Russia declares ‘international public LGBT movement’, which does not exist, an extremist group

A protestor holding up a modified picture of Vladimir Putin wearing makeup.

Russia’s supreme court has declared LGBTQ+ activism illegal, in a culmination of a continued crackdown on the community.

The declaration by the nation’s top court effectively outlaws LGBTQ+ activism by branding as “extremists” what it calls the “international public LGBT movement” – which does not actually exist.

A request into the non-existent entity was filed by Russia’s justice ministry in November without defining what the term actually meant.

It argued that authorities had identified “signs and manifestations” by LGBTQ+ people, which it claimed to be part of the movement, that were of an “extremist nature” which included what it describes as an “incitement of social and religious discord”.

There is no evidence for these claims.

The ruling was handed down less than a month later following a closed-door hearing with no defendant for the vaguely defined entity present.

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It could leave all Russian citizens who identify as LGBTQ+ in danger of lengthy prison sentences, if they are deemed to be part of the so-called movement.

‘Gay propaganda’ laws silencing LGBTQ+ people in Russia

Human rights groups in Russia and beyond have widely condemned the declaration as another example of blanket prejudice in the widely homophobic country.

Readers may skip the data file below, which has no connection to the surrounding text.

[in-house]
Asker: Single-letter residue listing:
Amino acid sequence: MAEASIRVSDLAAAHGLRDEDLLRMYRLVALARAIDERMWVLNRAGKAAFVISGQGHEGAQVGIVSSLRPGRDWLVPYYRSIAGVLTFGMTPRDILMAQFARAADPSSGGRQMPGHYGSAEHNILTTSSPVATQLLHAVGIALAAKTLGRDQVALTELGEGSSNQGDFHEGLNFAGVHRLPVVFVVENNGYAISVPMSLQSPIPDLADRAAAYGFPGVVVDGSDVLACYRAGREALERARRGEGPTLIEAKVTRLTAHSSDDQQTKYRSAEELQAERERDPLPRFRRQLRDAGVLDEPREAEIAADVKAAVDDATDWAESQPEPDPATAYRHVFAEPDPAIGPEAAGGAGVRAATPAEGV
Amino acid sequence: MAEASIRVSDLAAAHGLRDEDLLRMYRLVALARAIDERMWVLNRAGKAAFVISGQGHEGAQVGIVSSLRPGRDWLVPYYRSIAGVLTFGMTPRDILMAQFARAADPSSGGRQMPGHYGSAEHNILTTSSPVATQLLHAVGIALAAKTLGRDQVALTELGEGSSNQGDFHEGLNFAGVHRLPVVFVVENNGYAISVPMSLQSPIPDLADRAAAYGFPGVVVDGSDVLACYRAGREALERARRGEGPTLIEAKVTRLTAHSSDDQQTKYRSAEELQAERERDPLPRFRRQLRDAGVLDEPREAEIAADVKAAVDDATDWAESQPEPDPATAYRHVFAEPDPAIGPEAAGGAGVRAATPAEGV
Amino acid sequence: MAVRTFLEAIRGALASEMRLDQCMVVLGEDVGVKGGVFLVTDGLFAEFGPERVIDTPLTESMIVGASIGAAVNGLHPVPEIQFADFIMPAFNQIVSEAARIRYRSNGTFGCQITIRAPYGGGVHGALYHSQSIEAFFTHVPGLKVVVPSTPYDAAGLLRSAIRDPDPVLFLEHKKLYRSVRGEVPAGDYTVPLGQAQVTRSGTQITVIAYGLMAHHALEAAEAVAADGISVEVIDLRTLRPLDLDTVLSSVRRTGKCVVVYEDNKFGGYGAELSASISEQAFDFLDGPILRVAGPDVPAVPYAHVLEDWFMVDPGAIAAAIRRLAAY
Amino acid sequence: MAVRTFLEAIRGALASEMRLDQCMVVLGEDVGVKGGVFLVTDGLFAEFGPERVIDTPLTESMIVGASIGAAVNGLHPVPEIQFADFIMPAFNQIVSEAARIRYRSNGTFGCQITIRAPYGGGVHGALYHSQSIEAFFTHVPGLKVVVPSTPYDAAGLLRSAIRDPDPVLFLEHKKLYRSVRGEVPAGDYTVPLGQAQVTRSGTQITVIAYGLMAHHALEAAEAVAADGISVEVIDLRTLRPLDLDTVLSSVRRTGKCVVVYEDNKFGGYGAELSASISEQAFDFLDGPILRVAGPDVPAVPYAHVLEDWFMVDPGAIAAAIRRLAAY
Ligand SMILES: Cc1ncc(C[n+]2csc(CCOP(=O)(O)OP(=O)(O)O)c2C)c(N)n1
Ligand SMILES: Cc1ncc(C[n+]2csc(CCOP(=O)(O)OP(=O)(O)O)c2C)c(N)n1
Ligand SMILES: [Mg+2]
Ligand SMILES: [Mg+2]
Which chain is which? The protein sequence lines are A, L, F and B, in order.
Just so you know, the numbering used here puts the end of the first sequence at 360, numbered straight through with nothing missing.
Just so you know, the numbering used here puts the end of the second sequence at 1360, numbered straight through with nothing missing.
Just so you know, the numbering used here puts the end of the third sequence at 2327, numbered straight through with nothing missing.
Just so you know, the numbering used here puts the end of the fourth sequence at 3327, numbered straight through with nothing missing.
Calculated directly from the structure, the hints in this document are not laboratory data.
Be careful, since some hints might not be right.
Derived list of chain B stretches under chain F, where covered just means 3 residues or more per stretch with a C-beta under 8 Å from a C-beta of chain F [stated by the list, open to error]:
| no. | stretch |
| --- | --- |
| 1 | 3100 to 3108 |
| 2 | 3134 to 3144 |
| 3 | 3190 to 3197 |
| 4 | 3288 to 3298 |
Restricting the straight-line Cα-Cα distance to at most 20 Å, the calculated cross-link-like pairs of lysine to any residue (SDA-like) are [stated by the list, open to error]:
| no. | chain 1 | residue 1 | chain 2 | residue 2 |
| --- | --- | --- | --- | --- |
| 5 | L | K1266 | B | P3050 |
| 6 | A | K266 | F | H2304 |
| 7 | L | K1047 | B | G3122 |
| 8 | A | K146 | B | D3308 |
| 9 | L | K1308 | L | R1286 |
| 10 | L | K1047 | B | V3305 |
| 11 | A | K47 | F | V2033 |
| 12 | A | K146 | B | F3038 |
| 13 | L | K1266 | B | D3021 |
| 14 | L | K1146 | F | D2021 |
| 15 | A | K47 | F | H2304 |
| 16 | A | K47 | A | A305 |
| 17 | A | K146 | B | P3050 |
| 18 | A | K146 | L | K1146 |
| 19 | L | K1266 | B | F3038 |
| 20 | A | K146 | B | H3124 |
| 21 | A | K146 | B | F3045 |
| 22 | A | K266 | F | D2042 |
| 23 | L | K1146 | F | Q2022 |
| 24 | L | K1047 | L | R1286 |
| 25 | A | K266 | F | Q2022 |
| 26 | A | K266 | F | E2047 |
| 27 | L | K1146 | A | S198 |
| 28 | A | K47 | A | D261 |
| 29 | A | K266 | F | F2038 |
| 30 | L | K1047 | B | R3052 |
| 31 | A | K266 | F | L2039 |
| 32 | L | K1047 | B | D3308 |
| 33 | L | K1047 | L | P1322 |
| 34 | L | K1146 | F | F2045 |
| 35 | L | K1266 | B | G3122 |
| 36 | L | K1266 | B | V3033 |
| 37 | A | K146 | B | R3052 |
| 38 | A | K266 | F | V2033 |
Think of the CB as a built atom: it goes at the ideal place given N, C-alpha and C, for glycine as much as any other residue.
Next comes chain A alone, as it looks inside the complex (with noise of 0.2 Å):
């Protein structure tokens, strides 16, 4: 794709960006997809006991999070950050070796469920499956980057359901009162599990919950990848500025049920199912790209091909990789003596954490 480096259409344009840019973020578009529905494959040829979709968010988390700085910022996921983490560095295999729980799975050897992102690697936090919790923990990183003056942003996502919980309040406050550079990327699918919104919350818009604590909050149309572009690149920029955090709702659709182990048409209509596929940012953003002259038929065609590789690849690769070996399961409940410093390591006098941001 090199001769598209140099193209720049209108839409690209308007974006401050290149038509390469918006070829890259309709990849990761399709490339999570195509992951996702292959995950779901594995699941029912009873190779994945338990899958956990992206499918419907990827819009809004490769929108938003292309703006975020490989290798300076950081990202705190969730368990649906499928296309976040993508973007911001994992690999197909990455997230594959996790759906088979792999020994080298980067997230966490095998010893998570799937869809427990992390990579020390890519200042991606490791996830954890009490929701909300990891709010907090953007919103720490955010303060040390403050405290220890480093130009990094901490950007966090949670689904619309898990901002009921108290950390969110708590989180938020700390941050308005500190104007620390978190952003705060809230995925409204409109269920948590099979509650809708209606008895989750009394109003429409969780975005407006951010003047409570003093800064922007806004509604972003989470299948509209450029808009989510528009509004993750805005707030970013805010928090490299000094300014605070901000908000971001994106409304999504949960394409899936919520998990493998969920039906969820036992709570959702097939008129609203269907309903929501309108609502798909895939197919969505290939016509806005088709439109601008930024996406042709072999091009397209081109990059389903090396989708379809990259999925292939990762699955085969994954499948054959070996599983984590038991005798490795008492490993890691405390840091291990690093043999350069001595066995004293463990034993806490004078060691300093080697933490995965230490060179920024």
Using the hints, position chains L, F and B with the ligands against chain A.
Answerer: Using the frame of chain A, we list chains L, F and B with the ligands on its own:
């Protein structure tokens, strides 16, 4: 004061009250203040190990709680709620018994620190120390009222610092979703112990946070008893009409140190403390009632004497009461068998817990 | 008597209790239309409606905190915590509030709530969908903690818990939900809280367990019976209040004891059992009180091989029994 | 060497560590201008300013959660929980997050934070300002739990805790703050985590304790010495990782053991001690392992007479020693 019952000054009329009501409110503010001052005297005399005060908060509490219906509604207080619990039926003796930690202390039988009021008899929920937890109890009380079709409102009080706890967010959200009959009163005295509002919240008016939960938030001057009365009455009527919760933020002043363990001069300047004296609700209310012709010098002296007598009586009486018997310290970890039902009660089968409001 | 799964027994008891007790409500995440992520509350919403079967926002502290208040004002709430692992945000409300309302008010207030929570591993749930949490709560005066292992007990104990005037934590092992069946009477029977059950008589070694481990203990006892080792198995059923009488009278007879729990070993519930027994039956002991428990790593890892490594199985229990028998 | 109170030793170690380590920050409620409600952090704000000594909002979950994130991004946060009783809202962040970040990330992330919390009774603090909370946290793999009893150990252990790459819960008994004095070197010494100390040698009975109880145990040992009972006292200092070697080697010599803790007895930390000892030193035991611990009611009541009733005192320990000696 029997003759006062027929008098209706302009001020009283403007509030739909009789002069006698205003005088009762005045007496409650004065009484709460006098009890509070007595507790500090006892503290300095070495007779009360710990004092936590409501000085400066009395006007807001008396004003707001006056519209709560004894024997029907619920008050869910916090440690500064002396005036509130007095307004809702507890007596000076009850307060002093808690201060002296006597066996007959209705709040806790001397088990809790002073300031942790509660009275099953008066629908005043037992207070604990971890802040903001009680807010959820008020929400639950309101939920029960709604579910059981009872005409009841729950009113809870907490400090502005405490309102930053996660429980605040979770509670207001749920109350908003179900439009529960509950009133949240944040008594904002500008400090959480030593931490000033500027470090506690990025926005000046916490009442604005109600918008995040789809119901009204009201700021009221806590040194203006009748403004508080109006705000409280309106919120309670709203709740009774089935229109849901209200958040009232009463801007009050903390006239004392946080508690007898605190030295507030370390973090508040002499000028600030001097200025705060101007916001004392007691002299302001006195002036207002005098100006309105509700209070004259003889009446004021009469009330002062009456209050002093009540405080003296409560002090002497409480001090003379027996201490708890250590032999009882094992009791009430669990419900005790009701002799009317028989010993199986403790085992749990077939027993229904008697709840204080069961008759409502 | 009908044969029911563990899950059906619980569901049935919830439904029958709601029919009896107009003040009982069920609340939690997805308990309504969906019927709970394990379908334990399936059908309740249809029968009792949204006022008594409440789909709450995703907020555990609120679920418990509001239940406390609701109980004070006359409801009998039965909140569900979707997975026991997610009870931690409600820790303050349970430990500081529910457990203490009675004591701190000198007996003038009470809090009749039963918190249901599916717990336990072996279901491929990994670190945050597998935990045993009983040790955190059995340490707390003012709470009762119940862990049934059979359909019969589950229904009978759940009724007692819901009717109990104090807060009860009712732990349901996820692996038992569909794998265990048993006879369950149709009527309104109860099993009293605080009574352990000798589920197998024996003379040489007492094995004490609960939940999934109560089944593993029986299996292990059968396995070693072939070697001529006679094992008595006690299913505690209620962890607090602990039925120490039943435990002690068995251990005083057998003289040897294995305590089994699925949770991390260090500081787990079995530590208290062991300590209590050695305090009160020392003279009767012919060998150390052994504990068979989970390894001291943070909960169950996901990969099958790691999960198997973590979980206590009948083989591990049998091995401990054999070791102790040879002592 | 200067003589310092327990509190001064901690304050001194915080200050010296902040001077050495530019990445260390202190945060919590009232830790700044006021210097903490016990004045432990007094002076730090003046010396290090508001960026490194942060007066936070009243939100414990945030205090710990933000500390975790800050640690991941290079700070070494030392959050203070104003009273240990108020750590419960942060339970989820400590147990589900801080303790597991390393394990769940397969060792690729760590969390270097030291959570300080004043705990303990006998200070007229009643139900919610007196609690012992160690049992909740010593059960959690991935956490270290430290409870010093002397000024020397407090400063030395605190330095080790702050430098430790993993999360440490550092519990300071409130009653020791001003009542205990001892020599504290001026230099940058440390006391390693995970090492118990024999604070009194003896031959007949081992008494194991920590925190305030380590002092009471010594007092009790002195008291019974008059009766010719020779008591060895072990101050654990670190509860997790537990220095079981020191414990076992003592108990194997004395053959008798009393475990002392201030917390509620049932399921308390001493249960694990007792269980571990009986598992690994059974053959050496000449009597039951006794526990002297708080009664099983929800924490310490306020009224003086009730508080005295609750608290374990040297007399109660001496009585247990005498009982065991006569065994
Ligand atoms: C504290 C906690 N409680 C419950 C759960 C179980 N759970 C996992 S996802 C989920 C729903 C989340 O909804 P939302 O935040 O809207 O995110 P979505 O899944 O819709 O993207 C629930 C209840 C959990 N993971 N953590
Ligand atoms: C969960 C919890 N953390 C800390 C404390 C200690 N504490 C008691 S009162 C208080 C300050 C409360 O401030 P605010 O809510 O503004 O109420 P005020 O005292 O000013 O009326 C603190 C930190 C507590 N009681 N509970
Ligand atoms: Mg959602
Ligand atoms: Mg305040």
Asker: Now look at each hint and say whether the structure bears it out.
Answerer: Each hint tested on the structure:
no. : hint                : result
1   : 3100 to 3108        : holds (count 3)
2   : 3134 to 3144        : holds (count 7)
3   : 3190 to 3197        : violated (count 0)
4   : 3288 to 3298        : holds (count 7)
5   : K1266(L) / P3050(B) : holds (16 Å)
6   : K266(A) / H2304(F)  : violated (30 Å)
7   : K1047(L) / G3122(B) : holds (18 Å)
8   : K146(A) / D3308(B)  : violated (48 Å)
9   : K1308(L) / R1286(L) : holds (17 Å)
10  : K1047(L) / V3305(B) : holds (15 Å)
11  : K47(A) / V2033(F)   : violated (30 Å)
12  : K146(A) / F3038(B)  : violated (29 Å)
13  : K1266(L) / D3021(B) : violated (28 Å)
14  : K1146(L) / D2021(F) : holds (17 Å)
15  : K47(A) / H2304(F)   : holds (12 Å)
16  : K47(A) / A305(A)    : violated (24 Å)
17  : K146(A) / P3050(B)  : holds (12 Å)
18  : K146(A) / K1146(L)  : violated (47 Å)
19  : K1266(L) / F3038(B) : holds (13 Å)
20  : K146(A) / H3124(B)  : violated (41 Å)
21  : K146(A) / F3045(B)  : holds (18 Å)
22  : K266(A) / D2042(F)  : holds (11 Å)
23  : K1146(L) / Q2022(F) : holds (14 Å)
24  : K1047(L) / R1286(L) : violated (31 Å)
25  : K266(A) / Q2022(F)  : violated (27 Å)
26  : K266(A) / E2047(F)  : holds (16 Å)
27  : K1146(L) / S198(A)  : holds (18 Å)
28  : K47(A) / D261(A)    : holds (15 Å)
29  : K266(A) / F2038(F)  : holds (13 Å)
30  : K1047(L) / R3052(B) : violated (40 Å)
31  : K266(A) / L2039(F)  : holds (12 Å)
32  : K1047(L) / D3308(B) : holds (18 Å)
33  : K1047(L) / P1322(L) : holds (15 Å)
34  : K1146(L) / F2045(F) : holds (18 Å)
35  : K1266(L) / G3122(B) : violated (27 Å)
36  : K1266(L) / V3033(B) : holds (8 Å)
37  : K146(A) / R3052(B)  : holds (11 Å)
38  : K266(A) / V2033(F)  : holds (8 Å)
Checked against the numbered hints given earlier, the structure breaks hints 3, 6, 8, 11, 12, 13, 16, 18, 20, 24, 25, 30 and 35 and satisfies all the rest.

Igor Kochetkov, the head of the Russian LGBT Network, said the ruling means that queer activism will effectively be impossible in the future.

Additionally, human rights lawyer and LGBTQ+ activist, Max Olenichev, told the Associated Press: “In practice, it could happen that the Russian authorities, with this court ruling at hand, will enforce it against LGBT+ initiatives that work in Russia.”

The ruling follows years of attacks on LGBTQ+ rights in Russia, including a range of homophobic laws. In 2013, the country adopted legislation censoring what it described as “gay propaganda,” which it vaguely defined as content endorsing “non-traditional sexual relations” to children.

The law has since been extended with amendments that outlaw same-sex marriage, as well as extending the censorship rules to content for adults.

Russia has also implemented laws banning gender-affirming procedures for trans people and prohibits what it described as “medical interventions aimed at changing the sex of a person.”

Speaking to Reuters, LGBTQ+ activist Alexei Sergeyev described the latest development as very alarming, adding that he does not “remember the threat ever being so serious and real”.

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